The story is an initiation journey where the characters are little by little seized by a fascination for the unthinkable; their experience of the unknown in this vegetable world that has absorbed all animal flesh, among the chatoyant colours of exotic fruits, the encounters with carnivorous plants that know how to deploy every seductive charm to attract and kill their prey; the poisonous sap from the fruits the two sailors are forced to eat for lack of other food; strange moans; a penumbra suffused with a red glow – all of which gradually displaces them into what they sometimes call ‘another world,’ ‘another life,’ or yet an ‘upside down world.’
Still, Bernanos’ fantasy is strictly “natural,” without ever staging the supernatural, and the mystery remains the context of real life. The phobic representations are ephemeral and dissolve in panic fear.
Gaston Bachelard speaks of the “forest as before me, before us… it reigns in the antecedent,” (my translation) and, for Max Ernst “[the forests of Oceania] “are, it seems… impenetrable, black and russet, extravagant, secular, swarming, diametrical, negligent, ferocious, fervent, and likeable, without yesterday or tomorrow.” (Translation by Elizabeth B. Childs).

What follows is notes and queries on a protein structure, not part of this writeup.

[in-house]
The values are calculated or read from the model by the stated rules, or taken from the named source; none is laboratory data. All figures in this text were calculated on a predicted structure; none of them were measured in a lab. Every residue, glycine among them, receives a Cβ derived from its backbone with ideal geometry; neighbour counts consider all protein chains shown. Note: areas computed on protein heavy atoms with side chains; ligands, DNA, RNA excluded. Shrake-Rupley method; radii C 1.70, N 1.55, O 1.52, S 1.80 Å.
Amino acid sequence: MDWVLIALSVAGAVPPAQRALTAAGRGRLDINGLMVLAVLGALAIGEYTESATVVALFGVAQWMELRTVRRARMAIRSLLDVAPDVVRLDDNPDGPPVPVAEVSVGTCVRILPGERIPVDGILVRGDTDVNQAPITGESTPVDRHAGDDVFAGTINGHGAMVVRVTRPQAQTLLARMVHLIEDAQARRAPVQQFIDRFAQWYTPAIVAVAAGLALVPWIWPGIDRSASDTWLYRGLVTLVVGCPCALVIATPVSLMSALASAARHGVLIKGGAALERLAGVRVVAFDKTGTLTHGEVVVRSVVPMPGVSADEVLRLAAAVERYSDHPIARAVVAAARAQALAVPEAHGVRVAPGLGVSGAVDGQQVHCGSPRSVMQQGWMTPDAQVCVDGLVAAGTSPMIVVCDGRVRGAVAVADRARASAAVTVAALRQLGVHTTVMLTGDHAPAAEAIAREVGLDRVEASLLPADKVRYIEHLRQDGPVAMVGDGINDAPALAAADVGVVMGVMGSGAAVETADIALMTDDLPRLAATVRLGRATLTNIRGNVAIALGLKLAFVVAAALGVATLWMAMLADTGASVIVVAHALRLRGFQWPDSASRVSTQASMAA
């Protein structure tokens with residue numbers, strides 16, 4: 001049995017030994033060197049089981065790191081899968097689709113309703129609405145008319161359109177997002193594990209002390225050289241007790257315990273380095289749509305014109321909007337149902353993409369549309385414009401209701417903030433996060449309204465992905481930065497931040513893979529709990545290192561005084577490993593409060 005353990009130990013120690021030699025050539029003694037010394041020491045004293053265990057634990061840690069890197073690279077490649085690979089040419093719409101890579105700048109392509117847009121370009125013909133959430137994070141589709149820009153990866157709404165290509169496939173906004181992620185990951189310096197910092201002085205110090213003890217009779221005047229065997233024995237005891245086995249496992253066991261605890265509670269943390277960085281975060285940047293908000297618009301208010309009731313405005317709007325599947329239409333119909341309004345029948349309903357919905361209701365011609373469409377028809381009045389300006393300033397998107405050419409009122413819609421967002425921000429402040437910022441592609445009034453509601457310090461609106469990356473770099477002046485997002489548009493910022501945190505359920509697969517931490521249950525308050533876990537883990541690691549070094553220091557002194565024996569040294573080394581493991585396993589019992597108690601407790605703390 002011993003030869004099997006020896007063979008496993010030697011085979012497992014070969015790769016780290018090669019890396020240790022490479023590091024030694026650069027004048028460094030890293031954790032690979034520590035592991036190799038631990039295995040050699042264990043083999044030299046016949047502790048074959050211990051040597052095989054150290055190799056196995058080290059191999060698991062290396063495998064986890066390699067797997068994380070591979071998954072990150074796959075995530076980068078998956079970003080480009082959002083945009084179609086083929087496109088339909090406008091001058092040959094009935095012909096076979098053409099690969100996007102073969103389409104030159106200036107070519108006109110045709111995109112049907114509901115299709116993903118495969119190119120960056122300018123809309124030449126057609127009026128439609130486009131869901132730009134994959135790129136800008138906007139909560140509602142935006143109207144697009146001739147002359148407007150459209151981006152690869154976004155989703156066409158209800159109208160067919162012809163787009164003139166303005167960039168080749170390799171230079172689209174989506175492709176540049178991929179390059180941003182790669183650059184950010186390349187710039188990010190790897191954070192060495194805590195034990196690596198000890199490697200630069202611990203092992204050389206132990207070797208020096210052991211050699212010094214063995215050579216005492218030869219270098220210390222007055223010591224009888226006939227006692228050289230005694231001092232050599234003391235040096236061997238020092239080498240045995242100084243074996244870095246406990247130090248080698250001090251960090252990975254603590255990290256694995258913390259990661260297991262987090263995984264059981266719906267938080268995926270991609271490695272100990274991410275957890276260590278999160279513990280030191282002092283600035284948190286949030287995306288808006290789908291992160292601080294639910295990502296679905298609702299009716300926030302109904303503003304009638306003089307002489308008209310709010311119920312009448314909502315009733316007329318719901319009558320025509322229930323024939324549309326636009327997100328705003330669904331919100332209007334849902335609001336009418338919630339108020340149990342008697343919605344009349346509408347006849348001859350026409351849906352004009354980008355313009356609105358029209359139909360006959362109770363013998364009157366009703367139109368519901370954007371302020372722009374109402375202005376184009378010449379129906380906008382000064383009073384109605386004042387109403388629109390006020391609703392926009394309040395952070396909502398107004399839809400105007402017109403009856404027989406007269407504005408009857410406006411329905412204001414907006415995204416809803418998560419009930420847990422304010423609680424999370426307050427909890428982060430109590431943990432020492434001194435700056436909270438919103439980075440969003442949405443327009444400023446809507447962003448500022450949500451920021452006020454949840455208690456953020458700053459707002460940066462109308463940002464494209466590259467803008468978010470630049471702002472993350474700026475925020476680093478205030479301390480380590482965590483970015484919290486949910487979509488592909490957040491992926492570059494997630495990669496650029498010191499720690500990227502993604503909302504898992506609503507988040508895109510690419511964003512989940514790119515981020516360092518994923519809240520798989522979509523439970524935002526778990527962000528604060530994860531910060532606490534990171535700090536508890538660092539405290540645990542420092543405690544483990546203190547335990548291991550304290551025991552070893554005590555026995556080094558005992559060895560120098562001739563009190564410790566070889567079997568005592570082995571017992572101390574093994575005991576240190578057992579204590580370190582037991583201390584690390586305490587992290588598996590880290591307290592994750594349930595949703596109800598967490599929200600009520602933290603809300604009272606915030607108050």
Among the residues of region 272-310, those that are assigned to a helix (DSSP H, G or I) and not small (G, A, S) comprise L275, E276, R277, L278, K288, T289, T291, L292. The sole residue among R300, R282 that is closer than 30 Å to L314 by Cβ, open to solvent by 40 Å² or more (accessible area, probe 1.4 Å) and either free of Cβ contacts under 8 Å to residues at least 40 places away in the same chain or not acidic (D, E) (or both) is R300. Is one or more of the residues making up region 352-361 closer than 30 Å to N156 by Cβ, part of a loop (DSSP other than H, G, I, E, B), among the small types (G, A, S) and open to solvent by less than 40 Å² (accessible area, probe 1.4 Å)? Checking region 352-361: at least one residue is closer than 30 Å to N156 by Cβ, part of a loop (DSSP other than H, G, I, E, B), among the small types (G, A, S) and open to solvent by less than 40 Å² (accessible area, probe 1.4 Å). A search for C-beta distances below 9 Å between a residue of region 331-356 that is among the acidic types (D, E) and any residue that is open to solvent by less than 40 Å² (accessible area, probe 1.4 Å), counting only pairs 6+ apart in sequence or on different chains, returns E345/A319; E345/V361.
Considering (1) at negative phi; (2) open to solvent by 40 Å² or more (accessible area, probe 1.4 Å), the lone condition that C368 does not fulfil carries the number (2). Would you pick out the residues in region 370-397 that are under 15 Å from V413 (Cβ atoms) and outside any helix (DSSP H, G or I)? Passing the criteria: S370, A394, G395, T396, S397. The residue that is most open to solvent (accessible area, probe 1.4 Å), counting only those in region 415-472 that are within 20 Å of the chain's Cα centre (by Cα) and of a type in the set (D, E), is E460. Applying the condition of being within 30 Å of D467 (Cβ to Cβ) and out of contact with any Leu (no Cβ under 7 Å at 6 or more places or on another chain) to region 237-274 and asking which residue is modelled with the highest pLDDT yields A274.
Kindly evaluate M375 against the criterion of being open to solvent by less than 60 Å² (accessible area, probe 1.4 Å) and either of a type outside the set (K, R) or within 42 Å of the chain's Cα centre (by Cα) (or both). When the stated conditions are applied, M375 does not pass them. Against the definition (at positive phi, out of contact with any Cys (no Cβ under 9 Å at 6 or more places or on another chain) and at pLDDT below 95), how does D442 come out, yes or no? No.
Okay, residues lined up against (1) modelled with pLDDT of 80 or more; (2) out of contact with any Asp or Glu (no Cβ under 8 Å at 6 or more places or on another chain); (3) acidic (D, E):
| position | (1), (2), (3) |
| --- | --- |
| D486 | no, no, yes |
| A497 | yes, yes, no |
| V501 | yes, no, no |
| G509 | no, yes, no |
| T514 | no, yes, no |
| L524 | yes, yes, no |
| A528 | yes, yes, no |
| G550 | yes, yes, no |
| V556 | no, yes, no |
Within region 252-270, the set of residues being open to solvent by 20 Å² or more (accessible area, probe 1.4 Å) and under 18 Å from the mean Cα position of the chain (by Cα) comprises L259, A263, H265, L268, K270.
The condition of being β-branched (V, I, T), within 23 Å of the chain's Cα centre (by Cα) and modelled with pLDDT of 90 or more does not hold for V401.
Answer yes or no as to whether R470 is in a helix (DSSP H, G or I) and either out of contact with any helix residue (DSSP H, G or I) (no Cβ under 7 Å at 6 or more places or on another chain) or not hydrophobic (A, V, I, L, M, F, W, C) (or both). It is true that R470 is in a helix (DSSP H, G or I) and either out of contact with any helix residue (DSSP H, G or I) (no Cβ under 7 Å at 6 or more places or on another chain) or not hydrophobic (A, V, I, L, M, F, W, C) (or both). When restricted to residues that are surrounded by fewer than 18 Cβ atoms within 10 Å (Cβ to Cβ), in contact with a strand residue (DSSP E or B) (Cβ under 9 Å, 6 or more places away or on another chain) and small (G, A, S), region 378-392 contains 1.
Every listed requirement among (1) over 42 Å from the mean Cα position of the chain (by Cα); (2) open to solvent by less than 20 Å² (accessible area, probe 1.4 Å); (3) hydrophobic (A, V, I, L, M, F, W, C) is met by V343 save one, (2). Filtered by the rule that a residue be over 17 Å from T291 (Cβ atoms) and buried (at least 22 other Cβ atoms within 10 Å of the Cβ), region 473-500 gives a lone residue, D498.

“Timeless childhood” is cited as a trope of the fantasy genre by Todorov; as Freud would say ” beliefs which have been surmounted seem once more to be confirmed” returning in the impression of uncanny, which brings back an once-familiar memory altered and translated into something else.
Characters lost in sensory strangeness